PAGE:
I get the feeling we are about to undergo a monumental sea change at work. The one-two punch of the global pandemic and the Black Lives Matter protests that have spread out around the world mean that we are in for some seismic transformation in business everywhere. In their wake, we will see a lot of issues including economic hardship, social unrest, general health and mental health complications, not to forget a heightened attention to the environment. It all makes for a powerful cocktail. And, in the US, the compounding factor will be the presidential elections this autumn that will likely exacerbate tensions. In the UK, the nearing of the Brexit deadline (Jan 31 2021) might create a similar angst.
The bumpy road ahead for marketing
In this context, brands in general and marketing specifically, will need to radically rethink their ways. It is likely to be a bumpy road ridden at a frenetic pace. A friend of mine defined marketing as the ability to decode society to bring products and services that meet the consumers’ needs. Accordingly, we marketers will have our work cut out for ourselves.
Parsing out the sticky trends
Without doubt, we have seen a shift during the pandemic of ways to work and a reliance on all things digital. If many businesses have survived thanks to handouts, furloughed staff and many small business owners have had a lot of extra time for self-reflection. But going forward, the question remains: what changes will stick? I’m convinced that we’ll see an acceleration of what was appearing before the pandemic broke out, such as the shift to digital tools, platforms and devices; calls for more transparency and greater ethics; a quest for more meaningfulness; and a need to alter the way we lead and work. The winners tomorrow are those who are prepared to leapfrog ahead, which will mean crafting a new form of playbook.
Five trends to look out for…
I believe that in the next months, there will be five major things to watch out for:
- As companies look to recuperate lost business, there will be a big shuffle in go-to-market strategies where brands will look whenever possible (a) to bolster eCommerce and (b) focus on subscriptions (that can be maintained despite any disturbance caused by a pandemic, for example). We’ll likely see a heavy re-evaluation of retail partners and distributors. Advertising will also see a significant shift given the continuing disappearance of magazines and local press. The marketing mix will lean heavily digital going forward — where it will no longer be uncommon for mass players to have over 50% in digital.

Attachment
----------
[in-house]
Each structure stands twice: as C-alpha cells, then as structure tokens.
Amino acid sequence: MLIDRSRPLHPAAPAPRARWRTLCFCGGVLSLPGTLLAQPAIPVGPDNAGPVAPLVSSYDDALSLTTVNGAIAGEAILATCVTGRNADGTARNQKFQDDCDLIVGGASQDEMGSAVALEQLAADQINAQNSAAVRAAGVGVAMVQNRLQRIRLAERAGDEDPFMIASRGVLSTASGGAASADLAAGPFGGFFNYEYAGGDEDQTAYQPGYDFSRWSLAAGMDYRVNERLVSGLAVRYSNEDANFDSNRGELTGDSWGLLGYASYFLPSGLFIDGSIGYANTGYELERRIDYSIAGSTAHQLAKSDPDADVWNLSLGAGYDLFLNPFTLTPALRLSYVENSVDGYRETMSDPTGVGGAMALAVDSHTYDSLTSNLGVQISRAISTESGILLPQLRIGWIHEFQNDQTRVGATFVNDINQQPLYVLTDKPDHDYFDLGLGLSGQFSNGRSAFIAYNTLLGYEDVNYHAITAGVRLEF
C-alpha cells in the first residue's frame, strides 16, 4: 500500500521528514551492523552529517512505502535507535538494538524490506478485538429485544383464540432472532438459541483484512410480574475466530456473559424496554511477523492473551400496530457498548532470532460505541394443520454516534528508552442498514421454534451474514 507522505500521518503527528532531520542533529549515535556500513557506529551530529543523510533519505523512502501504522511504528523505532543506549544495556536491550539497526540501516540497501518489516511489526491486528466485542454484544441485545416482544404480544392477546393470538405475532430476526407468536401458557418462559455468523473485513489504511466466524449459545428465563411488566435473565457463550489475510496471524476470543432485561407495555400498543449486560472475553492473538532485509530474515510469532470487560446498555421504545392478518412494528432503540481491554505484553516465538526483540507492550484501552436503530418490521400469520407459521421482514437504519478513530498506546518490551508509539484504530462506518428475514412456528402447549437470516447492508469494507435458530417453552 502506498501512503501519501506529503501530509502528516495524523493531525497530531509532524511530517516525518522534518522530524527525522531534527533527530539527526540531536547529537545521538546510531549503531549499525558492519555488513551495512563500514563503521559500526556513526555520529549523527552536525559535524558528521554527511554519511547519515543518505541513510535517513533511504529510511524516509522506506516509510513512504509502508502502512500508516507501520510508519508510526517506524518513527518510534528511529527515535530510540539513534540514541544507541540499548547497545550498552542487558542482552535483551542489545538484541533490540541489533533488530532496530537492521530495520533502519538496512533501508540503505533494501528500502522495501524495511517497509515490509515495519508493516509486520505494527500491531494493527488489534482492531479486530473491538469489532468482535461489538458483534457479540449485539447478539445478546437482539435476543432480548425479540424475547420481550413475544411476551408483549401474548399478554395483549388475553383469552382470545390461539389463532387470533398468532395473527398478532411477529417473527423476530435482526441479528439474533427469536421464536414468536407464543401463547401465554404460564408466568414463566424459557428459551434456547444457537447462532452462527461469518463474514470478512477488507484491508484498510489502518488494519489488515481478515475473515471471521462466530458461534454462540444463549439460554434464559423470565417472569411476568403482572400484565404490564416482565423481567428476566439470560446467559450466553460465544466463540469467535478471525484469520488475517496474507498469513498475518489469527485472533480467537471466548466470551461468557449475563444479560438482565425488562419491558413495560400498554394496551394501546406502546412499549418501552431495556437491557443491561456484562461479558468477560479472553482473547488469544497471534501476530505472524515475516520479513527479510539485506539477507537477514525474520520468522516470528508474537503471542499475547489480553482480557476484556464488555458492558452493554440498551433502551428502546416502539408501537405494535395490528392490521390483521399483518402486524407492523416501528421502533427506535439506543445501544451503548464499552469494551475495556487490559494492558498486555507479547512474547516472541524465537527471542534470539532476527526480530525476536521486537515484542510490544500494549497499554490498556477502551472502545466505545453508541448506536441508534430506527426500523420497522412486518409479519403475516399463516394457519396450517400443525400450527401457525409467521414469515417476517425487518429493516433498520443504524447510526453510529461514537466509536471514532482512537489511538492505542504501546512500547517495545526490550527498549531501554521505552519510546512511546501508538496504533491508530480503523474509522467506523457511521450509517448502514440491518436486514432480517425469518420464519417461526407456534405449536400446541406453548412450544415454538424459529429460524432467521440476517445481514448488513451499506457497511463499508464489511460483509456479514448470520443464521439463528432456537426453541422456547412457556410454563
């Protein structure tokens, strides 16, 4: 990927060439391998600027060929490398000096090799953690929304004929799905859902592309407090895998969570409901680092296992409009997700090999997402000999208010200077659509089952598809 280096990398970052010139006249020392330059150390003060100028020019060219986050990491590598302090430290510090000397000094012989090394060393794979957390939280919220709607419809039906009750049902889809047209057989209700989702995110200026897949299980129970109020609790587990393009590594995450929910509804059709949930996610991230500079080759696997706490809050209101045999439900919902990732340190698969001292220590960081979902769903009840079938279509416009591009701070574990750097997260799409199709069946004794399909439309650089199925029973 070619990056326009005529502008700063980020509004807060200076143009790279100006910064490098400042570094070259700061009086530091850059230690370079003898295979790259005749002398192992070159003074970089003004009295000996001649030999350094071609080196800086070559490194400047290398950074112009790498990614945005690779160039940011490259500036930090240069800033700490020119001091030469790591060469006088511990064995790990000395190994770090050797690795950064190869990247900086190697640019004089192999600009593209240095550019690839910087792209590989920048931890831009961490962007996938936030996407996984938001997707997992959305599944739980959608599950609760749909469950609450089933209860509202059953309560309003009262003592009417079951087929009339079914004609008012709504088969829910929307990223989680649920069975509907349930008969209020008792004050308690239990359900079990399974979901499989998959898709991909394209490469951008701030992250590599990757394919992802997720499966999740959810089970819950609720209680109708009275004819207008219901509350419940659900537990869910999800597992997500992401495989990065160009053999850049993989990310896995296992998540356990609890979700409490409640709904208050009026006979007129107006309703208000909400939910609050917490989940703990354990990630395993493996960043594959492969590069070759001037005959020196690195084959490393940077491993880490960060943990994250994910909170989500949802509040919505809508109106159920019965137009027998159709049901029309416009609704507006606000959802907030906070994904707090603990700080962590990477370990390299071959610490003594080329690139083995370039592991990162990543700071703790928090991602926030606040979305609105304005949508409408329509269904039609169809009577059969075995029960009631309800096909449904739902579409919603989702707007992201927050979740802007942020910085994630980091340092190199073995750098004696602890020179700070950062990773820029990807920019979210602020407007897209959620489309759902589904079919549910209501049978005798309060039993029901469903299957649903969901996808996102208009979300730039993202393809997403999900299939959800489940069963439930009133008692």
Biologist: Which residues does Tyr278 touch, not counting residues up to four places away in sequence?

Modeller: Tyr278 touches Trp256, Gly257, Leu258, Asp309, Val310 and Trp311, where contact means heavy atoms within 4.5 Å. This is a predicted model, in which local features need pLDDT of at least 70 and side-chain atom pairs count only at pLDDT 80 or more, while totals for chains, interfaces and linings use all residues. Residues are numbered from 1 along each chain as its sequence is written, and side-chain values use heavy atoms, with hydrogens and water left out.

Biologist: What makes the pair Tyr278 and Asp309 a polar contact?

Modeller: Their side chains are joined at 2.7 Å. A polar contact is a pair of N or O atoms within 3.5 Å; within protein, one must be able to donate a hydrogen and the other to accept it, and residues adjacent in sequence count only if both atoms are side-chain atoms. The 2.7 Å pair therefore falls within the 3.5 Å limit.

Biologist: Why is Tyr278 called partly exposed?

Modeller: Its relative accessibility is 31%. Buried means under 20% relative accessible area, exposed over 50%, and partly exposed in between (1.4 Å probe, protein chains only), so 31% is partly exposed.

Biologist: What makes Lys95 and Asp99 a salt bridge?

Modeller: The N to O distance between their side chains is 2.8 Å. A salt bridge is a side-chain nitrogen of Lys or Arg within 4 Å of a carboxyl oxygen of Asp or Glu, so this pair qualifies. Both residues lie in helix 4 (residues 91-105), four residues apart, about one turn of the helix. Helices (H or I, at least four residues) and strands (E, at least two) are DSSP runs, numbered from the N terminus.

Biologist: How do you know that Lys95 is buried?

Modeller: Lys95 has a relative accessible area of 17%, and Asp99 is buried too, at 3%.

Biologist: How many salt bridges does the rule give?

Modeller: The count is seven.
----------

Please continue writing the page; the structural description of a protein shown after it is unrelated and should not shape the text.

- Ethics. In the push to recapture lost sales, depending on just how desperate the company is, I can imagine many marketing teams using more or less desperate (read: questionable) tactics such as used by Wine Express. Leaders — and marketers in particular — will need to lean in on their empathy and ethics. As I have written before, I think consumption habits will also be materially impacted. If services companies will not see much catchup, product companies that are light in ethics or congruency may see a smaller rebound than hoped for.
- Brand. There will be a renewed appreciation among customers/consumers of trustworthy brands that say and act for what they stand for. Brands are going to have to learn to be more courageous about their political stance. And the key point is that even employees will have their radar up within the walls.
“Brilliant thinking is rare, but courage is in even shorter supply than genius.” – Peter Thiel, Zero to One
- Mental Health. This will be a tale with two tails. If many people suffered health issues directly due to Covid-19, many also suffered various forms of mental health during the lockdown. It is more than likely that there will be a further wave of mental health issues as we start to ease out of the lockdown. At best, coming back to work may seem similar to a parent coming back from a prolonged paternity/maternity leave. At worse, it might feel like a veteran returning from the warfront to home and finding the banality of ‘normal’ life hard to accept. Meanwhile, the lockdown will also have a beneficial effect making some employees find a renewed interest in work, just like some kids all of sudden found that they missed school. In any event, the return to work will not be fluid. Mistrust and fear will be evermore present, while many will be seeking greater meaningfulness. Leaders will need to flex their empathic muscle.
- Way of Working. And last, but by no means least disruptive, there will be a massive change in the way teams work and function. In a world where more companies will look at remote working options (for reasons of health, personal preference and reduced costs, etc.), the transition to more structural remote work will require a very large change in management style. More than ever, teams will need to learn to collaborate within the business — but at a distance — and without, with external stakeholders, such as influencers, distributors and agencies. At a minimum, it’s likely commercial real estate companies will have their hands full filling vacancies.
Time for a marketing makeover!
What should you be doing about it as a brand manager/marketer? Here are just some of the ways marketing leaders will need to think differently:
- Lean in on what you and your brand stand for.
- Have the courage to stand up and speak up for what you think matters.
- Just because you can do it doesn’t mean you should do it (think: unethical marketing methods).
- Reconfigure your sources of information, including how you can get information from those on the front line.
- Take a good hard look at the diversity in your team.
I think the coming months will be fraught with major challenges and, thus, will provide an opportunity for the fleet of mind and those who are prepared to disrupt. It’ll be in equal doses exciting and scary.
Happy to hear your thoughts!
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